• The Demon Bible – the original book published by Bandai in 1990 featuring artwork by Go Nagai, includes original Japanese and new English translations and reprinted in its entirety

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Spookies (Genie Joseph, Thomas Doran, and Brendan Faulkner, 1986)

FROM BEYOND OBLIVION, THE SPOOKIES ARE HERE AGAIN!

AV_Inferno_DVD_.inddAn old, abandoned, isolated mansion seems like the perfect place for a group of young couples to party and let loose, but it may be perfect trap to lose their souls. Inside, a strange Ouija board leads the group into a supernatural web of terror, all plotted by an ancient sorcerer gathering sacrifices to restore his unwilling bride once again to life. Just a few more humans are needed to complete his spell …

A dizzying array of monstrous creatures are conjured by the wizard – hellish lizards, skeletal reapers, demons, zombies, seductive spider women, entrancing ghosts, and flatulent muck men, all empowered with a singular instinct to kill – and one by one, each guest is victim to this twisted, supernatural onslaught. Nothing can prepare you for the incredible special effects of Spookies, a horror cult classic that must be seen to be believed!

Special Features:

  • New high definition digital transfer
  • High-Definition Blu-ray (1080p) and Standard DVD Presentation
  • Uncompressed monaural soundtrack on the Blu-ray edition
  • Optional English SDH subtitles for the deaf and hard of hearing
  • Introduction by the filmmakers
  • Audio commentary with film historian Max Evry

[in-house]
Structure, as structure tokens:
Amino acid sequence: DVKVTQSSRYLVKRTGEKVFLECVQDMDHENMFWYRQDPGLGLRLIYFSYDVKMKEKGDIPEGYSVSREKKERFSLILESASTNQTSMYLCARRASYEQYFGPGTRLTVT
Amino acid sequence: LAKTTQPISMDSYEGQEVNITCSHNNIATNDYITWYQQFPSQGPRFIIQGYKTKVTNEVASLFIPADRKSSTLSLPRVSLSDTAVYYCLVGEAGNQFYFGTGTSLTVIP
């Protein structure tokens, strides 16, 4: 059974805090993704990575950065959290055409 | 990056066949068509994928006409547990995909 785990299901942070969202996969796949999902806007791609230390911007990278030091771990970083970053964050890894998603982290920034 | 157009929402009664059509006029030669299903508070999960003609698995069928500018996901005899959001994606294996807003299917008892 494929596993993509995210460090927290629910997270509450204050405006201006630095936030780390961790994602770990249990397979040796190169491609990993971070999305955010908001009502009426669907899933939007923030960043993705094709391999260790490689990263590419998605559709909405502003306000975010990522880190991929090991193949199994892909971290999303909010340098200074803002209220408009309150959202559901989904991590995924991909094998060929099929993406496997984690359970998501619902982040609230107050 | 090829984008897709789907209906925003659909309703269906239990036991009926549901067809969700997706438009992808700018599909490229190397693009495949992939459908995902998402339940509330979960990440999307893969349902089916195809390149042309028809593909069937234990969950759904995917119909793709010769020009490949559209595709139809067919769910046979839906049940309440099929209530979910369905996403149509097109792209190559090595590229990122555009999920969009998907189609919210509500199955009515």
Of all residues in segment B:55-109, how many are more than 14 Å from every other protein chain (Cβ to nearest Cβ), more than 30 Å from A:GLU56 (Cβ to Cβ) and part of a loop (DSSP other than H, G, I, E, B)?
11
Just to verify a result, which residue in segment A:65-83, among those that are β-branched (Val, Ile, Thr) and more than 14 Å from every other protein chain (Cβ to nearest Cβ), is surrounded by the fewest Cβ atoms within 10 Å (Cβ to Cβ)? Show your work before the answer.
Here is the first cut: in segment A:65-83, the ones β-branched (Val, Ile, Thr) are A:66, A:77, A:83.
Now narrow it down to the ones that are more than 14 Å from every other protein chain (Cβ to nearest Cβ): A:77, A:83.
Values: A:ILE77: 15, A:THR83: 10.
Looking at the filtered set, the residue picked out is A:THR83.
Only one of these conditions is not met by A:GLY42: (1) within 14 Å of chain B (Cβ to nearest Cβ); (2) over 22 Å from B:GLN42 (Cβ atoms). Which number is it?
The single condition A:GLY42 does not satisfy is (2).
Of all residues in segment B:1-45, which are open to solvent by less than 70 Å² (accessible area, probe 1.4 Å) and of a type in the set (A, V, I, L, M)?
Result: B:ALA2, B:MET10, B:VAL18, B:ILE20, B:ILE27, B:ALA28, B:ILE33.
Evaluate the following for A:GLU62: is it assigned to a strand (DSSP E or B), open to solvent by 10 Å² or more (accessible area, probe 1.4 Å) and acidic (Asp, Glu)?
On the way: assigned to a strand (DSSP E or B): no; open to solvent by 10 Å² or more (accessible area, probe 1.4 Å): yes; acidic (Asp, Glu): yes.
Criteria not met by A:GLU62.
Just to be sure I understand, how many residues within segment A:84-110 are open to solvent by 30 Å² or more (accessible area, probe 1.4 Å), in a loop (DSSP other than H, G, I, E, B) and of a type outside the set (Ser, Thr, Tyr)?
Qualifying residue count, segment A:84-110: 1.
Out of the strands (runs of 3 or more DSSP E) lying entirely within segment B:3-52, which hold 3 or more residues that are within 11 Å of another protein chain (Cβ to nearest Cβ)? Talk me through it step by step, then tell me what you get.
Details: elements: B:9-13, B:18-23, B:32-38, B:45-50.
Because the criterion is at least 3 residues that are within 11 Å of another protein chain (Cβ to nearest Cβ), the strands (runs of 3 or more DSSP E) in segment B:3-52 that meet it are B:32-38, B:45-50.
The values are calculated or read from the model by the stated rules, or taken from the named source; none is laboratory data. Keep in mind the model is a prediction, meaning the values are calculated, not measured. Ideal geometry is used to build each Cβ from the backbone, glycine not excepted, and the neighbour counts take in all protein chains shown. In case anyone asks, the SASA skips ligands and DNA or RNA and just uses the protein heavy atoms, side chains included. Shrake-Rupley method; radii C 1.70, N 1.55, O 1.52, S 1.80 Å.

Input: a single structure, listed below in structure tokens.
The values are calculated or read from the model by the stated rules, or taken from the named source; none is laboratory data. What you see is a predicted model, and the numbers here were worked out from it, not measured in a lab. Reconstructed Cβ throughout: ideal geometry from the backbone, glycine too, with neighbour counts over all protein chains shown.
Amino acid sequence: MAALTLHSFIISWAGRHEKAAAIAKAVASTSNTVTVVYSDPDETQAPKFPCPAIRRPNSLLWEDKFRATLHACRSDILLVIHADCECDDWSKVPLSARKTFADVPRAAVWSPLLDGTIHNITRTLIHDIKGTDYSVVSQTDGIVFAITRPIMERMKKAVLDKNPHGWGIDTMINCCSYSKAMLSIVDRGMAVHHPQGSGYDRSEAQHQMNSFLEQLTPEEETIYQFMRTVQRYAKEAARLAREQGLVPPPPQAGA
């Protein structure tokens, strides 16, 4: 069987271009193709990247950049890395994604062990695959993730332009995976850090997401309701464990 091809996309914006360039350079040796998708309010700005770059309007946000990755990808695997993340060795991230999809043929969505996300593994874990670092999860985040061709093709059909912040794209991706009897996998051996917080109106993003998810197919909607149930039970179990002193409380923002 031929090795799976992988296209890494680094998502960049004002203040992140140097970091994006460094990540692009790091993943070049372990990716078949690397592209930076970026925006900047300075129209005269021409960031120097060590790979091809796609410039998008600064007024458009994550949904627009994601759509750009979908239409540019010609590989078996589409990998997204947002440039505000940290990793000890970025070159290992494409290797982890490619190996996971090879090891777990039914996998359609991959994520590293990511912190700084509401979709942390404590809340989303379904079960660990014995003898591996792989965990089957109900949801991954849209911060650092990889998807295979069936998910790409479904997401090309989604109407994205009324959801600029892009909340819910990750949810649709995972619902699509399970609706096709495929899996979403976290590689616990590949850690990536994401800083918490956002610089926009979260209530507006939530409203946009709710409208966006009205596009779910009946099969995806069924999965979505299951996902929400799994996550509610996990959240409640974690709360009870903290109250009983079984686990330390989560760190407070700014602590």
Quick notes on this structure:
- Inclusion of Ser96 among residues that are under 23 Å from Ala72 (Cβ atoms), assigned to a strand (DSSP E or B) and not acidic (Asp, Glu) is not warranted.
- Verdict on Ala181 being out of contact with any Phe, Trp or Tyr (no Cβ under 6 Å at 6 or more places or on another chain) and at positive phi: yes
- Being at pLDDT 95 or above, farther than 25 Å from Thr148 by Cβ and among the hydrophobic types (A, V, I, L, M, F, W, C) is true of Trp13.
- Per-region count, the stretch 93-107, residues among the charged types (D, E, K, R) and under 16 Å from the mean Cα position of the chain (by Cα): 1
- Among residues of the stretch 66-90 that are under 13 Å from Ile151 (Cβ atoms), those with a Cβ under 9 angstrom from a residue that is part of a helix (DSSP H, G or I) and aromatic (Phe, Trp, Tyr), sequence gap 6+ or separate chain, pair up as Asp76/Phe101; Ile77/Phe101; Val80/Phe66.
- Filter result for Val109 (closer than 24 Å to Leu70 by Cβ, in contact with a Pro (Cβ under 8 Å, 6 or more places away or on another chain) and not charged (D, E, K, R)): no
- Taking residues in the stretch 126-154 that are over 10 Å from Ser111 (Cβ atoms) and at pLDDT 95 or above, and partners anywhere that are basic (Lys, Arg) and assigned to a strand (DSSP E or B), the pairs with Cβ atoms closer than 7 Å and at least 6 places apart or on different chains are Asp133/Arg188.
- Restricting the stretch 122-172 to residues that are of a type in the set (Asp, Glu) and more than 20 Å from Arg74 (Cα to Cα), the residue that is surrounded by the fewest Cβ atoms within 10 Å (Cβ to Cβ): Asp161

• Interviews with actor Anthony Valbrio, visual effects artist Al Magliochetti, and co-producer Frank Farel
  • Original ending taken from the interpositive held by the production’s original visual effects artist
  • Theatrical trailer
  • Illustrated collector’s booklet featuring new writing by regional horror historian Brian Albright

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I Love Sarah Jane (Spencer Susser, 2008)

One last Halloween-ready short before we’re overrun by ghouls and goblins! Spencer Susser’s I Love Sarah Jane (2008) takes the zombie apocalypse to the Australian suburbs and mixes in a healthy dose of puppy love and some Lord of the Flies-type childhood nastiness to boot. I Love Sarah Jane reminds that zombies are bad but kids are the worst.

Happy Halloween!

Ghost Stories (Late Night Work Club, 2013)

Next up, we offer a short film of short films – the indie-animated anthology Ghost Stories (2013). Containing 11 minimalist shorts, Ghost Stories is the product of various members of the Late Nite Work Club crafting these pieces between projects and classes. MMC! is particularly fond of Charles Huettner’s The Jump, Caleb Wood’s Rat Trap, and Alex Grigg’s Phantom Limb, although Ghost Stories is an impressively satisfying effort throughout. In fact, the omnibus format of Ghost Stories produces a convivial effect, expanding the regard for these shorts by placing them alongside one another and creating a whole greater than its parts.

We Together (Henry Kaplan, 2016)

The best dancing zombie video since John Landis’ Thriller (1983), Henry Kaplan’s We Together (2016) offers some interesting ideas as to why the undead might partake of some extended krumping. Featuring the music of Kerron Hurd, this short manages to do something surprising and intelligent with an over-played and often uninspired monster.  For more on the making of We Together, check out Henry Kaplan’s interview at Directors Notes.